My curiosity about the 1948 theft of the 1,200-pound University of Colorado bell, and its mysterious reappearance two years later, was first aroused 10 years ago. I was chatting with members of the Class of ’52, who were on campus to celebrate their 50-year reunion. Naturally, I asked: “How did they do it? Who did it?” No one had any idea.
This intrigued me. Once the threat of consequences had passed, wouldn’t the perpetrators of such a legendary prank want others to know of their accomplishment?
During the intervening years, I’ve asked several alumni about the escapade and always encountered the same response; the shroud of secrecy was, as far as I could tell, complete.
Then in 2011, I came across an article about the heist written by the University of Colorado Heritage Center’s Mona Lambrecht, which mentions that the bell had been put out of commission during a celebratory ringing when CU beat Mines in a 1926 football game. I wondered whether there could be any connection between this and the theft 22 years later. Had the bell somehow come to symbolize the rivalry between the schools?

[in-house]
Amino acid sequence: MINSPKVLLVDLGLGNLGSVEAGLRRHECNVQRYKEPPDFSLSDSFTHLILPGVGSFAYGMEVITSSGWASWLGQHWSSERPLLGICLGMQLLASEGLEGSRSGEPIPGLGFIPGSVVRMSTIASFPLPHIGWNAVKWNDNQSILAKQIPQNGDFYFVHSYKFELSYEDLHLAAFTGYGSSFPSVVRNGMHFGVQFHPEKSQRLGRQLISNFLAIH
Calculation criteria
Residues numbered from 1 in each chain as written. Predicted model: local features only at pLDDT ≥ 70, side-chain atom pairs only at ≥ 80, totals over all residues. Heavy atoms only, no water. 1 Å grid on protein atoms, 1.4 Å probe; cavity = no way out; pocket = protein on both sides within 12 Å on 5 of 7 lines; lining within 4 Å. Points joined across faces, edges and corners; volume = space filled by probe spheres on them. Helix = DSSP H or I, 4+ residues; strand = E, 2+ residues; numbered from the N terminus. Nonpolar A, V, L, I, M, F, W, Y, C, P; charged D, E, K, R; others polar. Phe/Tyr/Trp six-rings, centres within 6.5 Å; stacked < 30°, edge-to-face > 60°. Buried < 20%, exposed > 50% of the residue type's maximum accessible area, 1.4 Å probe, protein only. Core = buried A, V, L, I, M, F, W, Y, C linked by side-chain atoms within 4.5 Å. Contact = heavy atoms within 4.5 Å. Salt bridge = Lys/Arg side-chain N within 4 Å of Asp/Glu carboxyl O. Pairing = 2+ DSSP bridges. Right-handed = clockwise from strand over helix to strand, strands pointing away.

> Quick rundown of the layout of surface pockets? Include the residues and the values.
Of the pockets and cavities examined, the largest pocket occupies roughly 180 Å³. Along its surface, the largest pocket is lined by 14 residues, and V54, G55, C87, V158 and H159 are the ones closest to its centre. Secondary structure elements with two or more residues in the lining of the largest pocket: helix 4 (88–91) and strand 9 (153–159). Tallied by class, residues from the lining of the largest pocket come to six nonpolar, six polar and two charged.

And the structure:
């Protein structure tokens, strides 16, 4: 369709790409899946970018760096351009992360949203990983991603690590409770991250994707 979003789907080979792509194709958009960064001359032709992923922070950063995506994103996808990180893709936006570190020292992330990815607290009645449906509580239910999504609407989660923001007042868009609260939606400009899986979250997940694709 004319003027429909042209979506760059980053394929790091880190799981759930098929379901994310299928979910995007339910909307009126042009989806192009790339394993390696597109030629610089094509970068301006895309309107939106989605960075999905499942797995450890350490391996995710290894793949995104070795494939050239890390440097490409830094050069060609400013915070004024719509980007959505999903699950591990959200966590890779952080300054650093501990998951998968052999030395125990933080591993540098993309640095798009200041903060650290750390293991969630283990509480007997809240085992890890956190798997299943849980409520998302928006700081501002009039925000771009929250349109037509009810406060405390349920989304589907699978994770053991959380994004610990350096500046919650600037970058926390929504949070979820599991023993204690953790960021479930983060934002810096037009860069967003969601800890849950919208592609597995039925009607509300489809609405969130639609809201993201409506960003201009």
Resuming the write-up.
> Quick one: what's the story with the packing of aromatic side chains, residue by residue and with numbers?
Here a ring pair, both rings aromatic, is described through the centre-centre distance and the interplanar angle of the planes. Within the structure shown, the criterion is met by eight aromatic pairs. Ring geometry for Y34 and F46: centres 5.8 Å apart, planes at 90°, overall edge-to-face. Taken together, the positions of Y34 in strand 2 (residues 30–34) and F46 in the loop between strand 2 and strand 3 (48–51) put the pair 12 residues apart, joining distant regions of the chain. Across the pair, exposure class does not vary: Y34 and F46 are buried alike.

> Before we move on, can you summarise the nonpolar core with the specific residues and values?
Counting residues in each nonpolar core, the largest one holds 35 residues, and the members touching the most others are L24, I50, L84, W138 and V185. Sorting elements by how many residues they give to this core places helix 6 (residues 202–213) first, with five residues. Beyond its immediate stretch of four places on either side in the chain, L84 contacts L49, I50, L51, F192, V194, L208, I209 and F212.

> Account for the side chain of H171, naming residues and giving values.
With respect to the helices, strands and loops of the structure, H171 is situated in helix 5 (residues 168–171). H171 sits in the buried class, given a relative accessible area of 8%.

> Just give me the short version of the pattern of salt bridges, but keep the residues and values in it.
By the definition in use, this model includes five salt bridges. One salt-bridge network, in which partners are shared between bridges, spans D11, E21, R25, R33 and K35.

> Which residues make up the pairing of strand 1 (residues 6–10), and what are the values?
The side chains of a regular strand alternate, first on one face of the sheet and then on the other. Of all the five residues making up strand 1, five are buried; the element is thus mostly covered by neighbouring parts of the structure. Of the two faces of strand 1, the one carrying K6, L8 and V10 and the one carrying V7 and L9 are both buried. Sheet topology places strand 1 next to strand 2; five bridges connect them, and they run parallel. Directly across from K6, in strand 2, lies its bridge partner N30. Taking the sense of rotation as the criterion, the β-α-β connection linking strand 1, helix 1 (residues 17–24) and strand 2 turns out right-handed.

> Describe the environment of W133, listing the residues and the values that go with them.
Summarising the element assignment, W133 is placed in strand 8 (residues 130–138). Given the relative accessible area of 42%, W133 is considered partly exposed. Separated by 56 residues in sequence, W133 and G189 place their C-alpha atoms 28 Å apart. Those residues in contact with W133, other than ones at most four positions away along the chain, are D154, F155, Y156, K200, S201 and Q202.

Motivated to explore further, I broadened the net. Since the bell reappeared in October 1950, perhaps the perpetrators were about to graduate? Acting on this hunch, I emailed every member of the classes of ’50 and ’51 that I could.
That was when the lucky break came. Several people offered helpful suggestions, but only one person had firsthand knowledge. After a long conversation, he put me in touch with one of the two ringleaders, the second is deceased. By the time I finished this second conversation, I had more than enough information for the story.
Since it was not going to be possible to obtain permission to name everyone involved in the heist, both individuals agreed it was best that names not be used, which seems fitting: Having kept details of their escapade secret for so long, it seemed appropriate to leave some of the facts untold.
For me it was exciting to hear the whole story, and I’m delighted to be able to share it with you in this issue. I’m also delighted to be able share the adjacent photo, taken in late September at the University of Colorado Heritage Center on the top floor of Old Main, the building where the bell first hung. Seeing one of the people who masterminded the operation inspect the bell for the first time since it was buried in the clay pits 64 years ago was a priceless moment.
On our way out of the museum, he mentioned that his sons had attended CU Boulder. I asked whether he’d ever told them about the heist and was amazed to learn he hadn’t. However, if I read his face correctly, he’s looking forward to slipping them a copy of this issue.
If more details of this story emerge, we’ll share them with you. And if this episode reminds you of another, please get in touch.
Editor and Director of Communications
Colorado School of Mines Alumni Association